When Baltimore writer Rafael Alvarez was driving around the country peddling his books, he sold a collection of his newspaper articles and short stories to a drunken farmer in a men's room outside Memphis, Tenn. He's spent countless nights sleeping in his truck. He's traded a book for a meal.
A good day is when he ekes out just enough money to buy enough gas to get him to the next town — and that's assuming he doesn't run into an ice storm.
So what would Alvarez consider to be a not-so-good day on the road?
"I knew I was a real writer, doing the work, being out there and taking my shots, the day I read to 30 empty chairs in Nashville," recalls Alvarez, an author, screenwriter and journalist who still does some freelance reporting for The Baltimore Sun.
"There was just me, 30 empty chairs, and a bookstore clerk holding a plate of cookies. The clerk felt so bad for me she said, "Pick out any five books from the store that you want, and thanks for coming.' "
Behold the book tour, which is an ordeal for many writers. They stand alone on a stage quaking and exposed, prepared to offer the world the results of years of hard labor, perhaps only to find that their audience consists entirely of family members.
"It's essentially the nightmare of coming to school naked when everyone else is wearing clothes," says children's author Adam Gidwitz, who grew up in Baltimore and has written three books inspired by Grimms' Fairy Tales. "But it's really happening, and you do it over and over again, supposedly voluntarily."
No wonder the experience has scarred some sensitive scribes for life. Almost every author of short stories or essays works out his or her demons by writing about a book tour gone bad.
Not even a writer as popular as David Sedaris, who has sold out the 2,400-seat Meyerhoff Symphony Hall on a Tuesday night, is exempt.
In the March 30, 2009, issue of The New Yorker magazine, Sedaris describes being escorted to an event at a Toronto Costco store to meet his readers.
"My appearance had been advertised by way of flier and was to last no longer than an hour," Sedaris writes.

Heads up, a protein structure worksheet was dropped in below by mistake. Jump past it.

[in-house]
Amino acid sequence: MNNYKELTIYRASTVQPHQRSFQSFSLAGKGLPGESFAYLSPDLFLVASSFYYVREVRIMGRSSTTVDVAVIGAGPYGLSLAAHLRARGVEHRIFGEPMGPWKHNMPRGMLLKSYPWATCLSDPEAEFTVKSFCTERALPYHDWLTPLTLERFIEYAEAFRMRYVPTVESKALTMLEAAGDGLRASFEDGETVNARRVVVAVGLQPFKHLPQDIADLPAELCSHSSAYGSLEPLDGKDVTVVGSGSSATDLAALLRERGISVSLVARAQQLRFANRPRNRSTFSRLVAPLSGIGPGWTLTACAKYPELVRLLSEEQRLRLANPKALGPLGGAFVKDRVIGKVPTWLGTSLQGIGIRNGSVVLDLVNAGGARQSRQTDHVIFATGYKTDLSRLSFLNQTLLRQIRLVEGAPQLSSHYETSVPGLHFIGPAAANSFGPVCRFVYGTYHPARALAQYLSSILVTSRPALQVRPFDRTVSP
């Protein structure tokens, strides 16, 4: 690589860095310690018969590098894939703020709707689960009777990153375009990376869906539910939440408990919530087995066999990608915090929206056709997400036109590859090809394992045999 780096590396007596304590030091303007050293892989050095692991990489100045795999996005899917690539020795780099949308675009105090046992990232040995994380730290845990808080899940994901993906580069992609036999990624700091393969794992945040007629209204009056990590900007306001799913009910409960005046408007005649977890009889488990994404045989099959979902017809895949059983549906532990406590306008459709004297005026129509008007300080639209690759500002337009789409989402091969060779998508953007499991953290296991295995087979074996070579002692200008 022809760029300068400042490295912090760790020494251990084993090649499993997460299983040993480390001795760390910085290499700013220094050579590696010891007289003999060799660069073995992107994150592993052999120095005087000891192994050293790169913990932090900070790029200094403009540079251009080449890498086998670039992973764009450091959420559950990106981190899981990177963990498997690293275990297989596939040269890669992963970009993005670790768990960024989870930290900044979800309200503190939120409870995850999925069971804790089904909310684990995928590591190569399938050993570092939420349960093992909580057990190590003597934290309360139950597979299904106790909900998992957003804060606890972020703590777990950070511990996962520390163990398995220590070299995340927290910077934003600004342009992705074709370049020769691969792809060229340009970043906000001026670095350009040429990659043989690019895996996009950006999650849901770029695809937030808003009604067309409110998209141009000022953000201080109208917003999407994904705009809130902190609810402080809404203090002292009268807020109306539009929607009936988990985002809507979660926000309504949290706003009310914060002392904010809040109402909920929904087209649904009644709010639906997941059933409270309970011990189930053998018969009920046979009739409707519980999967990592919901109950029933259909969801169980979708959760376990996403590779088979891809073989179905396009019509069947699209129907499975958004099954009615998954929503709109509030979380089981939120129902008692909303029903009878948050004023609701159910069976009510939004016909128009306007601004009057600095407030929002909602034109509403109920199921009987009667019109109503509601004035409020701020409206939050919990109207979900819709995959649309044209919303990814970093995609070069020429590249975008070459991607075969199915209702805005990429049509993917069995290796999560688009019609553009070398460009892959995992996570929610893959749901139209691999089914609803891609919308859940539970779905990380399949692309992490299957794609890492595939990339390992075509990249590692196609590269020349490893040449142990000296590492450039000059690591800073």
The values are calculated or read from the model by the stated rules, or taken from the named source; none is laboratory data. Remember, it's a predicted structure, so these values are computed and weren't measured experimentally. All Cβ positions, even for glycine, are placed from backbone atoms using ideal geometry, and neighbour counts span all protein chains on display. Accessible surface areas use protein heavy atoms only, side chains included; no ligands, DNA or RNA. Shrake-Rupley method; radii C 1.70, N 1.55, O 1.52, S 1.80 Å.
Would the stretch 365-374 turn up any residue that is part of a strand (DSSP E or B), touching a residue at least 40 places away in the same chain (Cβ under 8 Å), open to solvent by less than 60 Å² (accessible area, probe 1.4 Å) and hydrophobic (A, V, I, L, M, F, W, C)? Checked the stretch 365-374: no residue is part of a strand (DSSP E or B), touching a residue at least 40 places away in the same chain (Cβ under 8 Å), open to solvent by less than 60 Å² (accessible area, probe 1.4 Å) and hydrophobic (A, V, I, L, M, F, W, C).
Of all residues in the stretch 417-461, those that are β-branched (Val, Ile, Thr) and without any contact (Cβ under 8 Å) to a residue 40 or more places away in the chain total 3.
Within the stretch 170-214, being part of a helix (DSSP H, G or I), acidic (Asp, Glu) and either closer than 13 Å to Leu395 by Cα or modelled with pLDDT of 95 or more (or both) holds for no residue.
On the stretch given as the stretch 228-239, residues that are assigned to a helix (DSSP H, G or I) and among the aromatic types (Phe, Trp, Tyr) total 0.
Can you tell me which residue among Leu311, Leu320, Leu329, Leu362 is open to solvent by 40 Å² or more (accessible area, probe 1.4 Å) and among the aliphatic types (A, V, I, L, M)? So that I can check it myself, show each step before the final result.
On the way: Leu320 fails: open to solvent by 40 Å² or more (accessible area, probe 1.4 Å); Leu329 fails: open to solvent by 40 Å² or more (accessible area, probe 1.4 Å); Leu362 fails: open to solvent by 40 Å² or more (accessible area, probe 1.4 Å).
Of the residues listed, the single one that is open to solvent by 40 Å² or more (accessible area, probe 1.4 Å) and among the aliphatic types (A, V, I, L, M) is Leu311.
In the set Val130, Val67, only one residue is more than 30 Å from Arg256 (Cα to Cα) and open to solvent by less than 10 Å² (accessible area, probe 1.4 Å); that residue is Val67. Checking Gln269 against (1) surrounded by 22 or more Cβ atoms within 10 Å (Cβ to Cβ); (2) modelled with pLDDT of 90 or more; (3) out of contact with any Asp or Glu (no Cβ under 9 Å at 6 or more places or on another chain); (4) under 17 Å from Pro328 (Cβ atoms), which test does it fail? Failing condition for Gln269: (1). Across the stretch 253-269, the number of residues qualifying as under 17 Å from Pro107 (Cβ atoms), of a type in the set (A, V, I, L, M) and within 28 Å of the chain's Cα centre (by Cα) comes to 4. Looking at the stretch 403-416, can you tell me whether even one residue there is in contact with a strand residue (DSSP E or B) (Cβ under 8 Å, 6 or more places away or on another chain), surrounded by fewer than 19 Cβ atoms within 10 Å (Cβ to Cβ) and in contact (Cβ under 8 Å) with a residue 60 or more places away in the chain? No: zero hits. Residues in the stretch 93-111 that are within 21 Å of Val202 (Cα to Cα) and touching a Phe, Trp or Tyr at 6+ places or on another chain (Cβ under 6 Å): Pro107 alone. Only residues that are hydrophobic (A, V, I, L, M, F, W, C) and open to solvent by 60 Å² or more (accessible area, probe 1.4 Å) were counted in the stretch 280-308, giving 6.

He spent a lonely 60 minutes being gawked at by curious children sitting in shopping carts as they were swiftly wheeled past Sedaris' folding table by their mothers, who avoided eye contact with the author.
"Making it just that much more pathetic," Sedaris writes, "was the sign next to me, the big one reading, 'No Photos, Please.' "
Sedaris is one of the lucky ones. Unlike the vast majority of authors, he's backed by a major publishing house that pays traveling expenses and promotes appearances.
In 2012, the last year for which data has been tallied, there were 301,642 new books released by U.S. publishing houses — and an additional 391,768 original books that were self-published. Those data come courtesy of Bowker, a New Jersey-based company that issues ISBNs (International Standard Book Numbers) for each new title printed in this country.
Laura Dawson, Bowker's product manager for identifier services, thinks the explosion in self-published books, which in 2012 amounted to 56.5 percent of all books released, stems partly from the turmoil in the publishing industry and partly from the do-it-yourself ethic of self-sufficiency that's transforming arts genres from music to filmmaking.
"Self-publishing is very hard work, but it's also incredibly rewarding because it's all yours," Dawson says.
"You have made all the decisions about your book. It will sink or swim on its own merits. You don't have any excuses. You can't say, 'The publisher isn't supporting my book,' because the publisher is you."
Just a tiny fraction of authors are sent on national book tours each year, and that number seems to be shrinking. Dawson estimates that the total is less than 500.
In Baltimore, the Enoch Pratt Free Library sponsored 74 author readings in 2013. The Ivy Bookshop said it had hosted 75 authors with national followings in the store since February of last year.